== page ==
Machaut: Christe que lux est / Veni creator spiritus / Tribulatio proxima est

Listen to the work here.

Edward III
Toward the end of his life, Machaut, wrote a handful of motets in Latin (much of his composition is in the vernacular). It is likely that these motets were written in response to the great political turmoil that characterized the period of their composition.
The Hundred-Years War had been dragging on for quite some time when after a truce between France and England, the King of England, Edward III, crossed the sea and laid siege to Machaut's city, Rheims, (map) with the intention of being crowned King of France at Rheims cathedral, the traditional site for the cronwing of the French monarchy. Edward's army arrived on the outskirts of the city in early December 1359 and staged a blockade through the rough winter and into late January of the following year. Charles, the king of France decided to let the English exhaust themselves in a siege while the French armies stayed passive. He sent a letter to the citizens of Rheims, telling them to:
"guard well and defendŠ yourselves and your city against our enemies; by which we will perceive clearly your great loyalty and very good and true love that you have for Monseigner, for us and for the crown of France."
Sieges at the time ended usually with the entire population being put to the sword. Rheims ran out of food, and plague broke out. As a canon at the cathedral, Machaut would have been compelled to stay in the city. One can imagine the fear and privation. Eventually Edward would grow tired of the siege and set off to pillage Burgundy. Incidentally, among the English troops at Rheims was Machaut's great English contemporary, Chaucer, who was held hostage and later released for a ransom of approximately $4,000.
For the curious, a timeline of the Hundred Years War can be found here.

Things to Note
The work is structured with an untexted introduction followed by two sections. The sections are characterized by a change in the speed of the isorhythmic parts (the two lower voices): the second section the lower two parts are performed at twice the speed that they were in the first part. I have laid out in the listening chart where the melodic and rhythmic schemes change. In listening however it is interesting to note how the change in the rhythmic and melodic schemes makes no impact on the sound of the work as a whole, it merely exists in the abstract. Indeed, the changes occur at points that seem little different from the rest of the work.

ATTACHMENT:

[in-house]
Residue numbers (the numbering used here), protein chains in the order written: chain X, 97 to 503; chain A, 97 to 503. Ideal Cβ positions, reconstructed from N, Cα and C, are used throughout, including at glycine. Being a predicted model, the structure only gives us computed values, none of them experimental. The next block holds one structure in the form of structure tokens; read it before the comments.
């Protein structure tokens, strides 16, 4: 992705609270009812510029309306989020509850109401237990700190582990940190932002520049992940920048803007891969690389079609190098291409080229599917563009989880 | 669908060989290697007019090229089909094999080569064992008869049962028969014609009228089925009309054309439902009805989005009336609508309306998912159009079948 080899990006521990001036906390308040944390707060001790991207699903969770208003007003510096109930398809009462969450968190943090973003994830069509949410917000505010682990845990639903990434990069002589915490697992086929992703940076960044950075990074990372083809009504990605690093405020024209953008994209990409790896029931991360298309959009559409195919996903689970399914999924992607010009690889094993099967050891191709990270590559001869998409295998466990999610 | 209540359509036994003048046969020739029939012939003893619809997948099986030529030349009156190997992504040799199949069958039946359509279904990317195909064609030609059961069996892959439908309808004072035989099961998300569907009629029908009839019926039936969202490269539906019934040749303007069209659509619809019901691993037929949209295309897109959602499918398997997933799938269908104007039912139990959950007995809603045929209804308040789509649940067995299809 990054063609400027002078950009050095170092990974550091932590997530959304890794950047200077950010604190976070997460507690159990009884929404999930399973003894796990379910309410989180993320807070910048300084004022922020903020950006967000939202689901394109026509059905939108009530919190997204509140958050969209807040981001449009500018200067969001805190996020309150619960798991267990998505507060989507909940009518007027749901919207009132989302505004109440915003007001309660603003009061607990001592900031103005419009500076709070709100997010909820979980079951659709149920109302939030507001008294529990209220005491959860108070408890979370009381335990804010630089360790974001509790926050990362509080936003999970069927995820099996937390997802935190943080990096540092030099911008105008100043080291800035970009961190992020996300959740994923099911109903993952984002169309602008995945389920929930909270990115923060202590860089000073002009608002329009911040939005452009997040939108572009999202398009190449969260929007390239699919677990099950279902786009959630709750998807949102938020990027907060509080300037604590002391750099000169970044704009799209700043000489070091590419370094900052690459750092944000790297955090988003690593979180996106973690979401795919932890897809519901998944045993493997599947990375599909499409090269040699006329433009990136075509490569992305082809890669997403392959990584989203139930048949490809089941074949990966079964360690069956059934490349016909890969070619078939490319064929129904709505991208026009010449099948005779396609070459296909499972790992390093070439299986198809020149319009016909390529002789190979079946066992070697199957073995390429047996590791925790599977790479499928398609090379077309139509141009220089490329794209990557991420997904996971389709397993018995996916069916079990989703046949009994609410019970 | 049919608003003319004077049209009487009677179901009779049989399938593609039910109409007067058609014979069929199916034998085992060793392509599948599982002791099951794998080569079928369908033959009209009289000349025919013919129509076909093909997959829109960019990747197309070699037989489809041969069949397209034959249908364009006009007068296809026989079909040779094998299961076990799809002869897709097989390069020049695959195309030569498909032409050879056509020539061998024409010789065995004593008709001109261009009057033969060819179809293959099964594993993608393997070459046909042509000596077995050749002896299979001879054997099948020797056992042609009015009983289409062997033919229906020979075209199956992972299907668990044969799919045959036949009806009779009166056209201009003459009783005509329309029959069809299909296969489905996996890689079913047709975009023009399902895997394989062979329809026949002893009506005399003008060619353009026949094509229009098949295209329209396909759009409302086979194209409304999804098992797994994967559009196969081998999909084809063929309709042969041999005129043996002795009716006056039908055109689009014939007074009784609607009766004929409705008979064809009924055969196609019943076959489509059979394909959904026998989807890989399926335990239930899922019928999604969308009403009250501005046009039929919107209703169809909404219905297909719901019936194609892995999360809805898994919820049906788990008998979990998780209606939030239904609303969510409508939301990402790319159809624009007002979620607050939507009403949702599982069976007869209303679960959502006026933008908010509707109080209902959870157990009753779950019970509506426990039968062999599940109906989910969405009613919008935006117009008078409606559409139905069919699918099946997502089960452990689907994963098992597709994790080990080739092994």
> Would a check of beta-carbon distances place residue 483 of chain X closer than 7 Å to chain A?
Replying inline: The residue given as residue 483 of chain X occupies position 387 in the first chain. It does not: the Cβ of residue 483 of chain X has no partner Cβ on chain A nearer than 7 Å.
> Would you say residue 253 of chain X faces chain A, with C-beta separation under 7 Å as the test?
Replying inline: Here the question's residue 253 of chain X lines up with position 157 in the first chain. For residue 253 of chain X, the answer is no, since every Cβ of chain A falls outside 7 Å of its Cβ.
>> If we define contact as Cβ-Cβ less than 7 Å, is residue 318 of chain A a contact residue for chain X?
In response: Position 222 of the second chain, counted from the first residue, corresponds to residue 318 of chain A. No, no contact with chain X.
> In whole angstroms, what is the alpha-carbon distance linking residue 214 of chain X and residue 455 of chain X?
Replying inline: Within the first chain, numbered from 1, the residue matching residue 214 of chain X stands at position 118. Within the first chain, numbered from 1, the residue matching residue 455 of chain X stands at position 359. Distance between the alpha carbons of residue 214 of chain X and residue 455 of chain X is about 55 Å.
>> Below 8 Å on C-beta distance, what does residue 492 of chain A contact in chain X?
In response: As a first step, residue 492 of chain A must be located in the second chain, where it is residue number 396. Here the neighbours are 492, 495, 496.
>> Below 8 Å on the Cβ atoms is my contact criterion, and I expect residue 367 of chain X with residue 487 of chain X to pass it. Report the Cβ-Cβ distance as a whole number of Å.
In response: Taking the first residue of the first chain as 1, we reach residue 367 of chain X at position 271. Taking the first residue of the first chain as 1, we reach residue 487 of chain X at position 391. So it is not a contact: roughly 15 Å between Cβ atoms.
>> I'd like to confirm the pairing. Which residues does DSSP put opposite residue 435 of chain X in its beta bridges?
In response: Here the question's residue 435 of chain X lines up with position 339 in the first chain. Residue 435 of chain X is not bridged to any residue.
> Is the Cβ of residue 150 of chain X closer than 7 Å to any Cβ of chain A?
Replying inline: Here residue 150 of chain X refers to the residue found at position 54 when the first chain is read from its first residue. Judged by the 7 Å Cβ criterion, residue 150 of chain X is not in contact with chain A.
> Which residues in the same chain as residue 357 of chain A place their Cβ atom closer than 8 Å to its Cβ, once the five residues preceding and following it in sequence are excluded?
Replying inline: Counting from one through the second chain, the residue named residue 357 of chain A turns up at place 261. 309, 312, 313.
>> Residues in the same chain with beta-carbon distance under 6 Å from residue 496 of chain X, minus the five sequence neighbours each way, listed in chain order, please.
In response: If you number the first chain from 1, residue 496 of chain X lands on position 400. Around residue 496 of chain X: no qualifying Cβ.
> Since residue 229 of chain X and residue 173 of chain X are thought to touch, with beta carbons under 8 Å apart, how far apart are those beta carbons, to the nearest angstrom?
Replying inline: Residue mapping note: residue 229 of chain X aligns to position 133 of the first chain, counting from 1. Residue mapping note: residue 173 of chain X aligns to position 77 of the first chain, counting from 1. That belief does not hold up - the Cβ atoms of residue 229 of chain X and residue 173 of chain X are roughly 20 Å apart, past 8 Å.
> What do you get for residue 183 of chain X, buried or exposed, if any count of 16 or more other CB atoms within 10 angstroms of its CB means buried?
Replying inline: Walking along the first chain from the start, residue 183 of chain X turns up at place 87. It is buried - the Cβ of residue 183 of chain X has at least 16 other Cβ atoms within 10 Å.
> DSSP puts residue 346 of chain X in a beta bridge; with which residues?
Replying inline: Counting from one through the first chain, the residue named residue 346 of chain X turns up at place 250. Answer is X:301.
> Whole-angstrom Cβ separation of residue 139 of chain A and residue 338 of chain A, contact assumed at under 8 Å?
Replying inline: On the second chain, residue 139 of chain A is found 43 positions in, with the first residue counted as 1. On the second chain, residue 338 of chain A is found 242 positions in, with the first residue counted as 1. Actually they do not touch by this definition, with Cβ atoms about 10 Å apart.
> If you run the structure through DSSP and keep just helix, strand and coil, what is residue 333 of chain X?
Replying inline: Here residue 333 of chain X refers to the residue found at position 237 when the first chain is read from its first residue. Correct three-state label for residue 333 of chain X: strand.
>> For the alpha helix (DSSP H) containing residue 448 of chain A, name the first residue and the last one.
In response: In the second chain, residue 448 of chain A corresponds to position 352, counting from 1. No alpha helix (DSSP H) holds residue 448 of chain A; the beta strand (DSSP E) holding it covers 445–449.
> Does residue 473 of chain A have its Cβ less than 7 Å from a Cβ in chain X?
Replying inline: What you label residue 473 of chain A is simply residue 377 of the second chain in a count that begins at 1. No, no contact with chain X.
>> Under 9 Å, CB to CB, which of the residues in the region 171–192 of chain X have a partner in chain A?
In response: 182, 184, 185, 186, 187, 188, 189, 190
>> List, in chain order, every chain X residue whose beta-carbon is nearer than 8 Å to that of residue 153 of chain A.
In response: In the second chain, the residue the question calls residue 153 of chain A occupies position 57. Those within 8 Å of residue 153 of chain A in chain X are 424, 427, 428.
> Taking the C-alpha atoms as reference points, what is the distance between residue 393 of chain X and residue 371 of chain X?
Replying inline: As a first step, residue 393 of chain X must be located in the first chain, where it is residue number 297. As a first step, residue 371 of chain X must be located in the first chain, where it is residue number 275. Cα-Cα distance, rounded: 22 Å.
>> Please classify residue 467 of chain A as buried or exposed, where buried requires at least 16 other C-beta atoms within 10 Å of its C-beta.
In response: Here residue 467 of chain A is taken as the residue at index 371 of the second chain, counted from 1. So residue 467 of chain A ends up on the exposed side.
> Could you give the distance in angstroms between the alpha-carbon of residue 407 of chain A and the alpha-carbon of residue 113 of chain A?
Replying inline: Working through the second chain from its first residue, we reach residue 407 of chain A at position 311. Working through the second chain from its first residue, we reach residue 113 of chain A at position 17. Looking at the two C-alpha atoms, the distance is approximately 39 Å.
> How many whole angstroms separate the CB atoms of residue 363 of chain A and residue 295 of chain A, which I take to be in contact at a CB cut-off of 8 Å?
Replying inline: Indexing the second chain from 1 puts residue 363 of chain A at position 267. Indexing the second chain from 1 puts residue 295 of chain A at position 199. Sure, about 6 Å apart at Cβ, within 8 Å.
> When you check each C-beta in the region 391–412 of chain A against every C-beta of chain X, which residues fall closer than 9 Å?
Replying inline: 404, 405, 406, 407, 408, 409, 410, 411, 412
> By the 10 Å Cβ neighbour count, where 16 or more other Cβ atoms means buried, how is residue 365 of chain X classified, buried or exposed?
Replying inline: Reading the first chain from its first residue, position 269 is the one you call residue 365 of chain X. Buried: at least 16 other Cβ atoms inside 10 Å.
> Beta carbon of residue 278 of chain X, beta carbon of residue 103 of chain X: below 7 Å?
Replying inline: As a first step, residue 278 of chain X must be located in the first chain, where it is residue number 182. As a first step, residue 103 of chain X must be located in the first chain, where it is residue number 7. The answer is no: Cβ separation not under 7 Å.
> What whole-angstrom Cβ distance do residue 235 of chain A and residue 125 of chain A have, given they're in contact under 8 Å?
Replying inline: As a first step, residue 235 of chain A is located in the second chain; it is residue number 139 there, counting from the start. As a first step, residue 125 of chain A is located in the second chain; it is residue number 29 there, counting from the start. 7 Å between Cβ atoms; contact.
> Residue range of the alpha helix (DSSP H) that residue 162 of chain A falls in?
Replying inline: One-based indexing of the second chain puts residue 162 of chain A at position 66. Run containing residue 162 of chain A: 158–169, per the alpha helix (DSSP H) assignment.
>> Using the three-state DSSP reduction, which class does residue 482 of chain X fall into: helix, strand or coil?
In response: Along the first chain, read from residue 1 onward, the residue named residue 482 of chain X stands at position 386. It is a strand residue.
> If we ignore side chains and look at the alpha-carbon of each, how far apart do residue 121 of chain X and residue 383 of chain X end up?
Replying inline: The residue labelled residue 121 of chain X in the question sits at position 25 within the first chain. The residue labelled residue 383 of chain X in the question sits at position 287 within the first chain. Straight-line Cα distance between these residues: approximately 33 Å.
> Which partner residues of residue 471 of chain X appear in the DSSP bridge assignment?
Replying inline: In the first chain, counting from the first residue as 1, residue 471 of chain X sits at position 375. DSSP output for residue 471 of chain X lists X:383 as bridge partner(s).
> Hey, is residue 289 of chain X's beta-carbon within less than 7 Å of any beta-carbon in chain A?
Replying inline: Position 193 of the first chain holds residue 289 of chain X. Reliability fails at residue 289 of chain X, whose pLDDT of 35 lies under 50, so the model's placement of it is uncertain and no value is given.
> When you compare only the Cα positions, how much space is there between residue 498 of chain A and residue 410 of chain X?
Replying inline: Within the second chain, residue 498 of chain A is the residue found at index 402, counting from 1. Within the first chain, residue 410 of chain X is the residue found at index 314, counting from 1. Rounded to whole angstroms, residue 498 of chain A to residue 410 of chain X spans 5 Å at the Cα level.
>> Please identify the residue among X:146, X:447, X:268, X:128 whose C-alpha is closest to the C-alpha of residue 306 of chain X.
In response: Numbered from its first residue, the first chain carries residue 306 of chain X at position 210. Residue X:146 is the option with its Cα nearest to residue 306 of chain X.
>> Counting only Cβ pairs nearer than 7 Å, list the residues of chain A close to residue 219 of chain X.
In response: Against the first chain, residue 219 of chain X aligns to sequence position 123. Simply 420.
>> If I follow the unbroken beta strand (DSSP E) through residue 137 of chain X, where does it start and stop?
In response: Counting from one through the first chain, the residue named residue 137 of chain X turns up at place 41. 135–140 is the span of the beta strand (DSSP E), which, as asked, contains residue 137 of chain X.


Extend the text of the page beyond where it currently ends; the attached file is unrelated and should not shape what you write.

The tenor comes from the plainchant for Psalm 21 (full text), notable for it's opening, later used by Christ during the crucifixion, "My God, my God, look upon me; why hast thou forsaken me?" the other two texts reference well-known hymns. In the case of the first text, Christe, qui lux est, a Compline hymn sung during Lent which stresses protection and comfort, and in the case of Veni Creator Spiritus, a hymn sung on Vespers at Pentecost and very popular with the people of Rheims. The first text calls for Christ to come down and save the just as he had done to Daniel, the three children in the Burning fiery furnace and Abacuq. The second relates to similar circumstances but dwells more on the suffering of the individual. The third text takes an authorial voice and relates that trouble is near. Taken together the three texts address their petition to all aspects of the Trinity: the cantus firmus to the Father, the Motetus to the Holy Spirit and the Triplum to the Son. In the end they all end in a plea for peace.
In all the texts there is a literal biblical meaning and an allegorical meaning related to the situation at hand. Each of the texts are in first person plural which means that they are relating of the suffering of a group, rather than an individual. Such pleas by proxy were commonplace in the Middle Ages,often you find it in reference to pilgrimage: e.g. so-an-so undertakes a pilgrimage to clear a particular city of the plague. Together they function as a plea for peace from the people of Rheims.